Although in the embodiment of the invention shown in the drawings, the driving wheels are shown as having tires 24, the feeding rollers may also have friction tires. It may be desirable, indeed, under some conditions and depending possibly on the nature of the strands being fed, for the driving wheel 17 to have a smooth periphery such as a steel tire or rim and for the feeding rollers 25 and 29 to both be provided with friction tires, for example, tires made of rubber or other similar material.
The offset relationship between the axes of the three associated rotatable elements, i. e., the individual driving wheels 17 (or their cylindrical counterpart) and the two feeding rollers 25 and 29 eliminates the bumping or irregularity of contact that frequently occurs when wheels are arranged in peripheral driving engagement with their axes and the point of peripheral engagement all lying in the same vertical plane. By moving the axis of the driven wheel to one side, so that the surfaces of the wheels contact ahead of the vertical plane of the lower driving wheel, a smooth continuous engagement and drive results.
A strand 15 which is associated with the feeding appa ratus comprising the wheel 17 and rollers 25 and 29, is fed between the peripheries of the rollers 25 and 29 and frictionally gripped therebetween so that, as the rollers rotate, the strand is pulled through its feeding eye 13 and off its spool 10 at a rate of speed equal to the lineal speed of the feeding rollers 25 and 29 at their point of engagement. Even though the surfaces of the rollers 25 and 29 may be held together solely by the weight of the roller 29 on its rocker arm 30 a sutficiently positive feed is provided to avoid the development of lashback, kinks or snarls which might result in snapping the strand and to insure the feeding of the strand at a rate sufficient to result in the desired random pattern of the strand on the web of paper being reinforced. The points of engagement between the several lower feeding rollers 25 and upper feeding roller 29 preferably should lie on approximately the same horizontal plane as the center lines of the feeding eyelets 13 and spools 10 forming the supply of strands 15 which reduces friction and helps prevent snarls and entanglements of the strands with the mechanism.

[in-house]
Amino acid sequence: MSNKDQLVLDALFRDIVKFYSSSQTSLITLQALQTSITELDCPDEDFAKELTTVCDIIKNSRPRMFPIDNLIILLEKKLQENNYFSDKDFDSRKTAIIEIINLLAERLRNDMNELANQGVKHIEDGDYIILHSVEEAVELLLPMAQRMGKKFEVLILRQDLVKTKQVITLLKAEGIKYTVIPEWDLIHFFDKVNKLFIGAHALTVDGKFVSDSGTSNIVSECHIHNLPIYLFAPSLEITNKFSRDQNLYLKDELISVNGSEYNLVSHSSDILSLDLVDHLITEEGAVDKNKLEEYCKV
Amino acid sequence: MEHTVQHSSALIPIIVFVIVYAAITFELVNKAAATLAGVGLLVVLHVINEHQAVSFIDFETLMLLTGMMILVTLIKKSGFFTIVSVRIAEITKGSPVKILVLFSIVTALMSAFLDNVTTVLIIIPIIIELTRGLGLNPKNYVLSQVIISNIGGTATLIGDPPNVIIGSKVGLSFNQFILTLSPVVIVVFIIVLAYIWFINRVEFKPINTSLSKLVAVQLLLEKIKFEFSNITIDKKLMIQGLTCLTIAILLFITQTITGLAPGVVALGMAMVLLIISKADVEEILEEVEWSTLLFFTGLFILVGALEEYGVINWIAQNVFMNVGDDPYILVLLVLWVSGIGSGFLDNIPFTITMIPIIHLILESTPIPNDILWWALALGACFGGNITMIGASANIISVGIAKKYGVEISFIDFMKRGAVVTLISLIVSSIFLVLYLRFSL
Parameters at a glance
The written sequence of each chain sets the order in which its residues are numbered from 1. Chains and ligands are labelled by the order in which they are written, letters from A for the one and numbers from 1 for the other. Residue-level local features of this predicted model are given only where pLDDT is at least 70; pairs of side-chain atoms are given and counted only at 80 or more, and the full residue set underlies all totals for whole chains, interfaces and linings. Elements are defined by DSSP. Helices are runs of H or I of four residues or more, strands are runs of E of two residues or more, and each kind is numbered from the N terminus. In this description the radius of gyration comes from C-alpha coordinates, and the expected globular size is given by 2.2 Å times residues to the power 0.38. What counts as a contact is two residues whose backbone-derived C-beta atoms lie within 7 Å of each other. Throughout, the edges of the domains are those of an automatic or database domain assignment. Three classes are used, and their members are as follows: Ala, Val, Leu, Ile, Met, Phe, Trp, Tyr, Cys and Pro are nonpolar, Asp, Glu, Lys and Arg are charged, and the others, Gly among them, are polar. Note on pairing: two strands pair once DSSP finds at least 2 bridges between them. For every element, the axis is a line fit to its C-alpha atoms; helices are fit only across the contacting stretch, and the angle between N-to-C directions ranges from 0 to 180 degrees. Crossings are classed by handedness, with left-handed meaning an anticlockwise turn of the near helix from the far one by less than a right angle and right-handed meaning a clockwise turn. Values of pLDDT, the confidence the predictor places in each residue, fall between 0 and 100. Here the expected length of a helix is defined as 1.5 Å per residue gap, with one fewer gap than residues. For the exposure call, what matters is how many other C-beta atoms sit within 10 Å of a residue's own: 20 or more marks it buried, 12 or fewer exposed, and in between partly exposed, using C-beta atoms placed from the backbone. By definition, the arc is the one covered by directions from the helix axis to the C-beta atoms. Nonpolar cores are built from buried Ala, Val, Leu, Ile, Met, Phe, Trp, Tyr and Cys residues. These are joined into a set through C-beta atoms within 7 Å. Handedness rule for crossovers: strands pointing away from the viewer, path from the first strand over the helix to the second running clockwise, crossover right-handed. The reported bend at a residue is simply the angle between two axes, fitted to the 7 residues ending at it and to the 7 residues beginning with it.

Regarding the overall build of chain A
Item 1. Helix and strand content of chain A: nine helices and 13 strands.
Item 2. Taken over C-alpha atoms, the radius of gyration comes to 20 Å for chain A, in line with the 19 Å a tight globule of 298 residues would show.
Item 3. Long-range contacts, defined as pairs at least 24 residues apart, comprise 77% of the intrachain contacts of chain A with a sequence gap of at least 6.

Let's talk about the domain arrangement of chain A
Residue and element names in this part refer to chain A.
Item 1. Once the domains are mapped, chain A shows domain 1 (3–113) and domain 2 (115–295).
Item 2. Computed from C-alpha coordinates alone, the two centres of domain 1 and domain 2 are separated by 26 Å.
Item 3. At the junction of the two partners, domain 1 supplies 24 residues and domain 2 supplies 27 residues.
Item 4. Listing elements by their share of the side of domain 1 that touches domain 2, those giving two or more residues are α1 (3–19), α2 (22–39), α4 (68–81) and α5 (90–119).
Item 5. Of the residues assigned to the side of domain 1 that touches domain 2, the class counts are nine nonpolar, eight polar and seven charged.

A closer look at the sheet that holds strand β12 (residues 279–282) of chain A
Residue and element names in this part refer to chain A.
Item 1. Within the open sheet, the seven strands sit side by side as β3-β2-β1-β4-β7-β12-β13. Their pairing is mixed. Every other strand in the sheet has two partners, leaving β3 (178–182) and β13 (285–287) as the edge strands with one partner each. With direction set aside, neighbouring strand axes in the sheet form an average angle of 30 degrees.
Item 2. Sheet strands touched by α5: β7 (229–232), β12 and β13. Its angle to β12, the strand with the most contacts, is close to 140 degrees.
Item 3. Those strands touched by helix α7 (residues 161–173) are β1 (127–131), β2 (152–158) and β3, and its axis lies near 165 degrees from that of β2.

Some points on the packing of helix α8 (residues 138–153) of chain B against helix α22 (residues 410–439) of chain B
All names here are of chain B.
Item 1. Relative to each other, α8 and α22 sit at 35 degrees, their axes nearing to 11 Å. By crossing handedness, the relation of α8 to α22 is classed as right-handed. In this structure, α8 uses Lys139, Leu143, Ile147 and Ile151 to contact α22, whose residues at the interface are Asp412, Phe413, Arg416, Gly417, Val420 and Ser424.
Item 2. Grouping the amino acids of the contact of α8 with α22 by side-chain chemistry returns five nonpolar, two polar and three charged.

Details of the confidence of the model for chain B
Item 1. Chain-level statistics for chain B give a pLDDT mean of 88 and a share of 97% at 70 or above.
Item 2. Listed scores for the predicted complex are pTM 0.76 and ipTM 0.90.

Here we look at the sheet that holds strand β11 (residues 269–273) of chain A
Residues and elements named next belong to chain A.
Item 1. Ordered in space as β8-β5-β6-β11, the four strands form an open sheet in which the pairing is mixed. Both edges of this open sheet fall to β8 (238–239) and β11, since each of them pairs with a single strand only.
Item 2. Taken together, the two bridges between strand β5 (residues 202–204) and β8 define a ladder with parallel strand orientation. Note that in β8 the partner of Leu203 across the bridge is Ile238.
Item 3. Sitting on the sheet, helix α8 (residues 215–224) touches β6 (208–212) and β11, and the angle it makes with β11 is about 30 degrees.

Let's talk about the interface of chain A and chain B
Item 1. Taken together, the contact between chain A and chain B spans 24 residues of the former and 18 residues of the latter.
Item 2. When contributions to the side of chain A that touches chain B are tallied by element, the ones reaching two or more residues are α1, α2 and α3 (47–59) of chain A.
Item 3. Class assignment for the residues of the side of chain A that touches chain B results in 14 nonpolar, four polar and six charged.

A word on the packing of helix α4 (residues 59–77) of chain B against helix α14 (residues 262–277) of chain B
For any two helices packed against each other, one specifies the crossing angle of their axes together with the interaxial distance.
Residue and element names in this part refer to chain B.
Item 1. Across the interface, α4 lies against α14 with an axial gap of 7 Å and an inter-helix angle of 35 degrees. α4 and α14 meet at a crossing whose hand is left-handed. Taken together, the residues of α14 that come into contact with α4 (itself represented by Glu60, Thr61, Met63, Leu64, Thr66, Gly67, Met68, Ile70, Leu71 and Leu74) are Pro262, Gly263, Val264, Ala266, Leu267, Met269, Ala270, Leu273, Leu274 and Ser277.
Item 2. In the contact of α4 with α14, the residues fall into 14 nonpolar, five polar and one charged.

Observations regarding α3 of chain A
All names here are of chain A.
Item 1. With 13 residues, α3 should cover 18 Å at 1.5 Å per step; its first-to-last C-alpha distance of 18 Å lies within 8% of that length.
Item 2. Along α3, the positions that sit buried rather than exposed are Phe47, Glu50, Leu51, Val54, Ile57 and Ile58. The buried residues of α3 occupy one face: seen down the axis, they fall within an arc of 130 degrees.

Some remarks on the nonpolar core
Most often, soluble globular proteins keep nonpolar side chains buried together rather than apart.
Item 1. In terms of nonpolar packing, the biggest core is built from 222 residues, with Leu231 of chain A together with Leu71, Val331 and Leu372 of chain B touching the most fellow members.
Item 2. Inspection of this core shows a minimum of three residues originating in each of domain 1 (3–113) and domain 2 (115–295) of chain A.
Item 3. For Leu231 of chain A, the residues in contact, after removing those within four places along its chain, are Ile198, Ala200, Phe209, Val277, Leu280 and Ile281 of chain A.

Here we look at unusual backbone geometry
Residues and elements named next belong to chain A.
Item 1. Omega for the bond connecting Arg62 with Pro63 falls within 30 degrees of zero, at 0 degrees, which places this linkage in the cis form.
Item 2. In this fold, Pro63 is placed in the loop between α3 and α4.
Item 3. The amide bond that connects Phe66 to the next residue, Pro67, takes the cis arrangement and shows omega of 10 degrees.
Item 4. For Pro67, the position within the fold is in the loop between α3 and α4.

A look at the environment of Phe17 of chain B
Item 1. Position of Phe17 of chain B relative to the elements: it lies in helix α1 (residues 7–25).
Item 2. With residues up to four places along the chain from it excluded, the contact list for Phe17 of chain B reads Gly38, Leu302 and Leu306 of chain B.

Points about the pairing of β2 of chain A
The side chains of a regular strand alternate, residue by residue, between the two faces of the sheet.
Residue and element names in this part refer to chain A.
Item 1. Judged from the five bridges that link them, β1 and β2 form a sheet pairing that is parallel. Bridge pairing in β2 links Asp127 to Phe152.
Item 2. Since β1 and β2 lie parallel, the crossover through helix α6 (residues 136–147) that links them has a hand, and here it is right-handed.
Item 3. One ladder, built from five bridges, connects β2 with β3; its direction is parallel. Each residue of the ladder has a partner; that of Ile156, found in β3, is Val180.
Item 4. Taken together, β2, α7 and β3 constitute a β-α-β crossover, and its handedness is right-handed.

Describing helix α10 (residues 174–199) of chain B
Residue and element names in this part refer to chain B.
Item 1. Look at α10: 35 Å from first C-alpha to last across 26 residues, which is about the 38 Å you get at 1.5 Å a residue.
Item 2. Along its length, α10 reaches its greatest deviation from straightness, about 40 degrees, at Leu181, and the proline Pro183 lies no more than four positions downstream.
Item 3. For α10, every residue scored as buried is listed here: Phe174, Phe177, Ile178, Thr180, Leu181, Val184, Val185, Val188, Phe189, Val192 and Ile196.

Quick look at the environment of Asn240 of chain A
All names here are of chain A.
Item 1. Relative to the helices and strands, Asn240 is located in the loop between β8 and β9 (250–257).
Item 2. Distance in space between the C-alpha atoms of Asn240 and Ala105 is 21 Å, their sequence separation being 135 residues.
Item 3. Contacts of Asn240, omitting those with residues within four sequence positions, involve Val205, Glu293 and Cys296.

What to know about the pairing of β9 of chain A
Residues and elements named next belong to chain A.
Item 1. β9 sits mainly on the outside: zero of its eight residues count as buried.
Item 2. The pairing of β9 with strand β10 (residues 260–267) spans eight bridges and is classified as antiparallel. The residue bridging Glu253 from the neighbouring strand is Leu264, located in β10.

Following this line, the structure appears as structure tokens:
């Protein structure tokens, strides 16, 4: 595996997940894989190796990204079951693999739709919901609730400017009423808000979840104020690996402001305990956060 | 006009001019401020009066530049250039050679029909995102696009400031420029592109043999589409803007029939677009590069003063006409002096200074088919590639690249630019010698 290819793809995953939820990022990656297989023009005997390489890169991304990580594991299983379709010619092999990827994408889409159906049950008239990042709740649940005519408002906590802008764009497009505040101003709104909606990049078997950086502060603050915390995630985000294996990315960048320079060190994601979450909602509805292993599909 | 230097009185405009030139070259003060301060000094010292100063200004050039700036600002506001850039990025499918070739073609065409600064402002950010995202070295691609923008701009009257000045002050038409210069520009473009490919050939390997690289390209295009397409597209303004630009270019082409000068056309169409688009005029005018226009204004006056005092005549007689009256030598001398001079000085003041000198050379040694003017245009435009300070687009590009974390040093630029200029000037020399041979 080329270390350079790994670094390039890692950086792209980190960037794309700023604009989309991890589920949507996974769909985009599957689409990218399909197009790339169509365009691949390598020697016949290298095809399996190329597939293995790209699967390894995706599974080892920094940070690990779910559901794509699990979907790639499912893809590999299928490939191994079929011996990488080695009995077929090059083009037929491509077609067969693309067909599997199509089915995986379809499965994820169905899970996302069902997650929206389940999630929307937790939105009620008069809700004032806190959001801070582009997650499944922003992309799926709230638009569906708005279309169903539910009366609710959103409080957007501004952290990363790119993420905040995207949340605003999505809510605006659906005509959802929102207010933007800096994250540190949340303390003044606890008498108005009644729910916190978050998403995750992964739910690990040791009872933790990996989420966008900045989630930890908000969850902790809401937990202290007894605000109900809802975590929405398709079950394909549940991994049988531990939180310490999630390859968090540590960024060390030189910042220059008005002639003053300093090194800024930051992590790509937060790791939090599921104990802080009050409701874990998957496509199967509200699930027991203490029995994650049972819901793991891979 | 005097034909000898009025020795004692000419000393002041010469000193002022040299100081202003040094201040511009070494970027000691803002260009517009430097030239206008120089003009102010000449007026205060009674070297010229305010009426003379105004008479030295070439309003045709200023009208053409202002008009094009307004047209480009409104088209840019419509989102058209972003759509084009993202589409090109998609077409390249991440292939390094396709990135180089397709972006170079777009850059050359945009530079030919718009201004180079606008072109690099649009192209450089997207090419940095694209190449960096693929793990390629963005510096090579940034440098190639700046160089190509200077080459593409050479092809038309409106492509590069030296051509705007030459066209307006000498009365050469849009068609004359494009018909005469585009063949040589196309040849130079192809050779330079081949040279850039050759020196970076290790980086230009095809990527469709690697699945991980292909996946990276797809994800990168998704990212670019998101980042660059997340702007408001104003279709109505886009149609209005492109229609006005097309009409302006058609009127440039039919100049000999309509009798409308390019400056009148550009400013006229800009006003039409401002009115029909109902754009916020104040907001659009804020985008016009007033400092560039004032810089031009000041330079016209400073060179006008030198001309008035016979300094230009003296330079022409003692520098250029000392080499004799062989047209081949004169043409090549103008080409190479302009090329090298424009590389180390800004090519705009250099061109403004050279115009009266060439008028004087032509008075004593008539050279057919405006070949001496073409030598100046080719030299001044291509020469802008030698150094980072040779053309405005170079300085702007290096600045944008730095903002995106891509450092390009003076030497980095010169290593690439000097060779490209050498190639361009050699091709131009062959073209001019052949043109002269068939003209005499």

For each of the feeding apparatuses comprising the driving wheels and two feeding rollers for the feeding of a strand 15, an apparatus embodying the invention also is provided with a secondary air feeding means consisting in a nozzle 33, each of which is mounted on a bracket 34 also supported on the frame arm 32 and depending therefrom. Each of the nozzles 33 (see also Fig. 5) is generally cylindrical in shape and consists of two telescoped, generally cup-shaped members 35 and 36 which have coaxial openings 37 and 38 respectively. The telescoping fianges of the members 35 and 36 are so shaped as to provide an interior annular space 39 communicating with a threaded inlet 49 into which is secured the end of an air supply hose 41.. The annular space 39 communicates with the coaxial openings 37and 38 in the members 35 and 36 to result in a jet of air (indicated by the arrows in Fig. 5) being emitted from the exit side of the axial opening 38. The entrance end of the axial opening 37 in the member 36 may be cone shaped as shown in Fig. 5 to allow the admission of substantial volumes of air and to facilitate the insertion of a strand 15 into the opening 37 and through the opening 33. Similarly, as shown in Fig. 5, the innermost end of the opening 37 may be of a diameter slightly less than thatof theopening 38 and the two openings may be slightly flared to facilitate both theinsertion of the strand 15 and to result in the creation of an ejector action tending to pull air through the orifice in addition to the blast of air forced therethrough from the pressure line 41.
The blast of air which is emitted from the orifice 38 generally surrounds the strand 15 which passes therethrough and maintains it out of engagement with the walls of the coaxial openings 37 and 38 forming the orifice thus eliminating frictional wear on the strands and subjecting each strand to a longitudinal flow of air which causes it to flutter, as it were, in much the same manner as a flag or pennant flutters in a high wind. The effect of the fluttering action of each strand in the blast of air through which it passes may be modified and/or amplified by the characteristics of the strands being used. If a neutral or balanced yarn or a strand of parallel straight fibers grouped together is employed, the resulting pattern is less involved. Such strands react to loss of tension and the blast of air taking place at the nozzle 33 to produce random swirled patterns of more or less wave shape rather than looped shape.
Preferably, at least when the reinforcing strands are glass, a so-called wild yarn is employed resulting in a much more involved pattern. A wild yarn is one in which a group of individual fibers are all twisted together and not neutralized by wrapping with other twisted fibers or strands. When tension on such a wild yarn is reduced or eliminated, as is the case after the strand leaves the nozzle 33, the stored energy in the twisted fibers causes the strand to coil on itself. This action combines with the flutter to produce irregular convolutions or loops in the strand.